A new report, produced by Oxford Business Group (OBG) in partnership with ARISE, explores a drive under way across several West and Central African countries to put environmental, social and governance (ESG) policies and practices at the heart of their economic transformation plans.
Titled “ESG in Africa,” the ESG intelligence study provides in-depth analysis of the region’s changing industrial landscape, including its expanding special economic zones (SEZs), in an easy-to-navigate and accessible format, supported by key data and infographics.
The report tracks the growth strategies taking shape in West and Central African countries, and their increasing alignment with both ESG principles and the UN Sustainable Development Goals.
Key topics examined include the role that ESG is playing in strengthening value-added economic activities throughout the region’s SEZs.
The study also considers the potential for ESG-inspired policies to help attract sustainability-focused investment for infrastructural development and galvanise international trade growth.
Western Africa’s agricultural activities are a major focal point. In this section, the report highlights the investment opportunities emerging in the industry as part of regional efforts to modernise practices and processes through the introduction of environmentally friendly, tech-led methods.
The importance of introducing programmes and regulatory criteria for maintaining supply chains is also given coverage, with the strides taken by Gabon and Benin to strengthen product lifecycles among the topical issues analysed.
The report charts the contribution made by ARISE, previously known as Gabon Special Economic Zone, to Africa’s economic transformation efforts and, in particular, the region’s push to become a sustainable, international manufacturing hub.
It features an interview with Gagan Gupta, the company’s CEO and Co-Founder, in which he highlights the potential that Africa’s economic development presents for investment and trade expansion.
“Economic and input diversification also represents an opportunity for alignment with ESG principles and the SDGs, as it could mitigate the economic risks resulting from an over-reliance on specific sectors, reduce dependence on fossil fuels and create new job opportunities,” he said.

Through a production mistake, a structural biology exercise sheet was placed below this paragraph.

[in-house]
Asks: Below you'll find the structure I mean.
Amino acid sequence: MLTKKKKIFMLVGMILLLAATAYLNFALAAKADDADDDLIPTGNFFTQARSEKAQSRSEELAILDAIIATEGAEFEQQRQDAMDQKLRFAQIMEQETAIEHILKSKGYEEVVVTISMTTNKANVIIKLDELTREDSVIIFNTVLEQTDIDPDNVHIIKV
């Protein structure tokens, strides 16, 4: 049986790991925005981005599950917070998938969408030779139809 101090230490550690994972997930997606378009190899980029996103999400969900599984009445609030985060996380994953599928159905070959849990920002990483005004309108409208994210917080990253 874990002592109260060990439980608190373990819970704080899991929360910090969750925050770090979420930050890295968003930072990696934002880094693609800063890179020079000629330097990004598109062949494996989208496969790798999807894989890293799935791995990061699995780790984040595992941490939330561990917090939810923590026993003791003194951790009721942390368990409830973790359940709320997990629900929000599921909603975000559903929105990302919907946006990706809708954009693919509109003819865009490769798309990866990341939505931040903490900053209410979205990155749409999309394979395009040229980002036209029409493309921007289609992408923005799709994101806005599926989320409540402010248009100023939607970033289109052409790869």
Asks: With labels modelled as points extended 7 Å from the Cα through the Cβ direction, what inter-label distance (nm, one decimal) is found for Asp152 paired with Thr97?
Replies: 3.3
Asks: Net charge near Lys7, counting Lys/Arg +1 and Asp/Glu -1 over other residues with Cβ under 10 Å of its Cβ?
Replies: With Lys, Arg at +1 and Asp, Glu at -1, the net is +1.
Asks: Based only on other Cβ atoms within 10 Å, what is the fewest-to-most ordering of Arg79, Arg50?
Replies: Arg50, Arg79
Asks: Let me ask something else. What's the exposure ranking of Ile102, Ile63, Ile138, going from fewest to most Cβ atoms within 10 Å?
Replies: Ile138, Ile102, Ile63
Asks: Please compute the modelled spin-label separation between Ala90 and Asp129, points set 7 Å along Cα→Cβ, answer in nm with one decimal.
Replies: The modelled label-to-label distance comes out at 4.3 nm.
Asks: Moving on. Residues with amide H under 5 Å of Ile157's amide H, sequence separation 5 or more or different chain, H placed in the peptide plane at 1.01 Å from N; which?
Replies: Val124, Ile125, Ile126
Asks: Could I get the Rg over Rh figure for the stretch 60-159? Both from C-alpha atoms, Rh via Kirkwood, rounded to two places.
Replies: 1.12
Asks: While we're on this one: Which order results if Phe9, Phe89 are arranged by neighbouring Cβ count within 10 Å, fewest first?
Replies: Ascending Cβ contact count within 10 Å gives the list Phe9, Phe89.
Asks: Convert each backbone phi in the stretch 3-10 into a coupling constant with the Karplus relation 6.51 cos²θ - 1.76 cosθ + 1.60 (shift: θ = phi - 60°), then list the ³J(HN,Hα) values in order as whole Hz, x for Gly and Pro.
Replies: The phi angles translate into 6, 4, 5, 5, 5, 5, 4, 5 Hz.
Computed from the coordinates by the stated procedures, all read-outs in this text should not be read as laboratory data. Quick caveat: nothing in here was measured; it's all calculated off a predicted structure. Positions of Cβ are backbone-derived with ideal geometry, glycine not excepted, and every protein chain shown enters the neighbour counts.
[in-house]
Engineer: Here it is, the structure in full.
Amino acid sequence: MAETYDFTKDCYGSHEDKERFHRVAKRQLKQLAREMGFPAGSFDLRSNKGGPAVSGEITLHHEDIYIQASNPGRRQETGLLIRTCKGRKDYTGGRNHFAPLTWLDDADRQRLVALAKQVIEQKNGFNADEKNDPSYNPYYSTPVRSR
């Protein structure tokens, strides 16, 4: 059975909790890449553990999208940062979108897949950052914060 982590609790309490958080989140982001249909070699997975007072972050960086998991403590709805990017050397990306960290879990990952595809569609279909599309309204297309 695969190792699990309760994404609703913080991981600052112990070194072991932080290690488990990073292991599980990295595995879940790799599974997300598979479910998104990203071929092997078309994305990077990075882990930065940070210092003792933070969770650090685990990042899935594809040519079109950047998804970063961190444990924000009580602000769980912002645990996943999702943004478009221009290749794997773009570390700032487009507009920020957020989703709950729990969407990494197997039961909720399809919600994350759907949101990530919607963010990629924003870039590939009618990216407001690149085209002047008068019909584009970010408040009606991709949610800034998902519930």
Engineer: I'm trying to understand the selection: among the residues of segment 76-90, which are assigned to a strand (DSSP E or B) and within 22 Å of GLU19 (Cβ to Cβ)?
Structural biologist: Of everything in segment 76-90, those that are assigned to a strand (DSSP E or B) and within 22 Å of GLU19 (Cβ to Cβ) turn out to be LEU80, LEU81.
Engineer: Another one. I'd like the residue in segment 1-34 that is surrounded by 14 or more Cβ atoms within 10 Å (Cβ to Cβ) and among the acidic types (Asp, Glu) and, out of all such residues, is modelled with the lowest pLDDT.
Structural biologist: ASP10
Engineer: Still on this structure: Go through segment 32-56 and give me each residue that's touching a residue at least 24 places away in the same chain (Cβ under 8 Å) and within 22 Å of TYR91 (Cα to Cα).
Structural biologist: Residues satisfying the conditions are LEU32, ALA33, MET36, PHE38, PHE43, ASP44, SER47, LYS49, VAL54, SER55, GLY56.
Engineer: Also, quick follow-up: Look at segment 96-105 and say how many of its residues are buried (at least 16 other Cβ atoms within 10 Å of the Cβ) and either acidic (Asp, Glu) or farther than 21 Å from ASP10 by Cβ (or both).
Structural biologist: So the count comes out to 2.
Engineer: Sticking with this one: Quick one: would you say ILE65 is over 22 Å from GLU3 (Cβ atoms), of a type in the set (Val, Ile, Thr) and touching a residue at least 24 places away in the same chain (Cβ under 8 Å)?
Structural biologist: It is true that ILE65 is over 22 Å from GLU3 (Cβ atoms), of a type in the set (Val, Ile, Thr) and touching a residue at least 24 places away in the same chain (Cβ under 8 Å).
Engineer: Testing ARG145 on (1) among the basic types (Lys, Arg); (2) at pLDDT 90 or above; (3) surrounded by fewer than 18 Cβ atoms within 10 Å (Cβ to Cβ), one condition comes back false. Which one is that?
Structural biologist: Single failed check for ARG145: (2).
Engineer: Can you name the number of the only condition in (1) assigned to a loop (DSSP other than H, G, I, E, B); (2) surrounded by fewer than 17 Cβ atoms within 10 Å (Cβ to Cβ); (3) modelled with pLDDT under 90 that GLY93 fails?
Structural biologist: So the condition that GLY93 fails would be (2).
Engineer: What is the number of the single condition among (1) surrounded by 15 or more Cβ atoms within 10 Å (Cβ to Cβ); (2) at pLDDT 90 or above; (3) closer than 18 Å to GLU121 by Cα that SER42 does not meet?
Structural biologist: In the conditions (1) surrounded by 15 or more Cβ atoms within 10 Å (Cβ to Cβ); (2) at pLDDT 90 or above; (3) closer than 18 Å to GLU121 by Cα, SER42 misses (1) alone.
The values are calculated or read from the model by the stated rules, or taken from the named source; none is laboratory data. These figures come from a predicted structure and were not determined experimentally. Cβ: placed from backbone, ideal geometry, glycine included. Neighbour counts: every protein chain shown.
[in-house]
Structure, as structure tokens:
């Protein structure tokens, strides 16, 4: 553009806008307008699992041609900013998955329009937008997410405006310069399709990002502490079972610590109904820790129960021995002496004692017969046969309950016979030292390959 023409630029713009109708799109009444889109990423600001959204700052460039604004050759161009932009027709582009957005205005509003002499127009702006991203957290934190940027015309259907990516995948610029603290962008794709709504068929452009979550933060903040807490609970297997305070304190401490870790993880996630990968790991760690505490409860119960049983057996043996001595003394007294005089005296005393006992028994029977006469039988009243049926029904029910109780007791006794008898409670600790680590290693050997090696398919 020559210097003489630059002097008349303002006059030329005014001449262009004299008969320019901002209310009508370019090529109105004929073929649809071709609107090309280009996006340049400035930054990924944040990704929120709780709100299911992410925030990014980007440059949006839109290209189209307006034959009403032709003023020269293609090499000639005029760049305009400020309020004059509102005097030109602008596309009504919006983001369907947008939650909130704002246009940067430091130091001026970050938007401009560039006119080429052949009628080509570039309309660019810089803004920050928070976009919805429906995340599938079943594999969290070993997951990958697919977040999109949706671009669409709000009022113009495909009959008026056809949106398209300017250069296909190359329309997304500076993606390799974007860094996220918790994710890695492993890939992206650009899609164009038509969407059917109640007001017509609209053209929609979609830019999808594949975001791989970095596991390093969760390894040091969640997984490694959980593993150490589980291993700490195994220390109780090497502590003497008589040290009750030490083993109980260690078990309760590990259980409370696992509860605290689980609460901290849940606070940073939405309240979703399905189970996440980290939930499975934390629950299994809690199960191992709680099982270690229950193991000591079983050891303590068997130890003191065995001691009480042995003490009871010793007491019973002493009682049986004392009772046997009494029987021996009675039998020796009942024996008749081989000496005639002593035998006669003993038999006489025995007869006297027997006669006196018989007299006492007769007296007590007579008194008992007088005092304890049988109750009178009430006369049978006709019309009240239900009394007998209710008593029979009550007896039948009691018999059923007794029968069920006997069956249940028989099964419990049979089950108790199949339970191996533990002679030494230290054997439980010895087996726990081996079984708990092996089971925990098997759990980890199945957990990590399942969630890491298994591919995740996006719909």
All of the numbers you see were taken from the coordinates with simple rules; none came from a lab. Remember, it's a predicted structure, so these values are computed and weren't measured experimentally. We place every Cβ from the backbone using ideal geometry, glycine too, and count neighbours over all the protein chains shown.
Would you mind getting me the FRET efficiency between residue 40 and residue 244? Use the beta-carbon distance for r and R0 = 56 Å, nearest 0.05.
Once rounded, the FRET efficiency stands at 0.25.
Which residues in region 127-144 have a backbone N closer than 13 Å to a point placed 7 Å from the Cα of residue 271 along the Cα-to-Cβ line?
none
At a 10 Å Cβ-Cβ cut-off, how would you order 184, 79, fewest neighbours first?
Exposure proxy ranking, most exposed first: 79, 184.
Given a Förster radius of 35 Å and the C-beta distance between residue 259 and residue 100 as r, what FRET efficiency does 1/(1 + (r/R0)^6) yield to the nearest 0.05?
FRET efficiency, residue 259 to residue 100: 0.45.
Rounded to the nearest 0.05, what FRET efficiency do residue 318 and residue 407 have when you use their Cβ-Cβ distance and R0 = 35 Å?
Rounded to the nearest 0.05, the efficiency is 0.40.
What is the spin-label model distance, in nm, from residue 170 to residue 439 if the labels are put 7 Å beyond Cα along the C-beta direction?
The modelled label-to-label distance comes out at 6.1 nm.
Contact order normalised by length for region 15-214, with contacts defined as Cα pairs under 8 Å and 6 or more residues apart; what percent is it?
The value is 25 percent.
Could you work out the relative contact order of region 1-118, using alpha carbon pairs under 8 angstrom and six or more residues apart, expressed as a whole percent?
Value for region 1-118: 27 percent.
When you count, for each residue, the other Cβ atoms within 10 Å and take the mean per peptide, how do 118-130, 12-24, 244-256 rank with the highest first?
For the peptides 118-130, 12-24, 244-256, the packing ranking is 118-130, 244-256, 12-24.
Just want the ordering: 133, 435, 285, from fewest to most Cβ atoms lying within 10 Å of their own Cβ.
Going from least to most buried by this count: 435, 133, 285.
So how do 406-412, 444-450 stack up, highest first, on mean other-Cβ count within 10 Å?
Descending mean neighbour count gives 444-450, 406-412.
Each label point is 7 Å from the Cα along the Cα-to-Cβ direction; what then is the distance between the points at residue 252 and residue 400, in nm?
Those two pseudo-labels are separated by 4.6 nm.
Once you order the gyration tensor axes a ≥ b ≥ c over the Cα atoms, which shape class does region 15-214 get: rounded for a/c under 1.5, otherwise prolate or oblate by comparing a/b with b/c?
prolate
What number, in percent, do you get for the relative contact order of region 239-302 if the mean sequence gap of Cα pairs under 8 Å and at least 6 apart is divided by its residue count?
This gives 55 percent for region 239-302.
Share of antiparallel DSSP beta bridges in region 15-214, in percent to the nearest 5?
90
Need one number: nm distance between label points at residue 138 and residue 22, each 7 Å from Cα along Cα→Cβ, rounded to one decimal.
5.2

Gupta also shares his views on ESG-aligned opportunities in Africa’s textile industry, in a wide-ranging video interview he gave recently to OBG’s CEO Andrew Jeffreys,
Karine Loehman, OBG’s Managing Director for Africa, said the report pointed to a growing recognition among West and Central African countries of the need to make ESG standards a priority when formulating economic development policies and strategies.
“The opportunities for investors to play a part in Africa’s industrial expansion are huge, with waste treatment and renewable energy among the many ESG-aligned segments ripe for growth,” she said. “Looking ahead, we expect the region to remain focused on putting sustainability and inclusivity at the heart of its socioeconomic plans, which will help to boost foreign direct investment, international trade and job creation.”
The ESG report on West and Central Africa’s industrial transformation forms part of a series of tailored reports that OBG is currently producing with its partners, alongside other highly relevant, go-to research tools, including a range of Future Readiness reports, country-specific Growth and Recovery Outlook articles and interviews.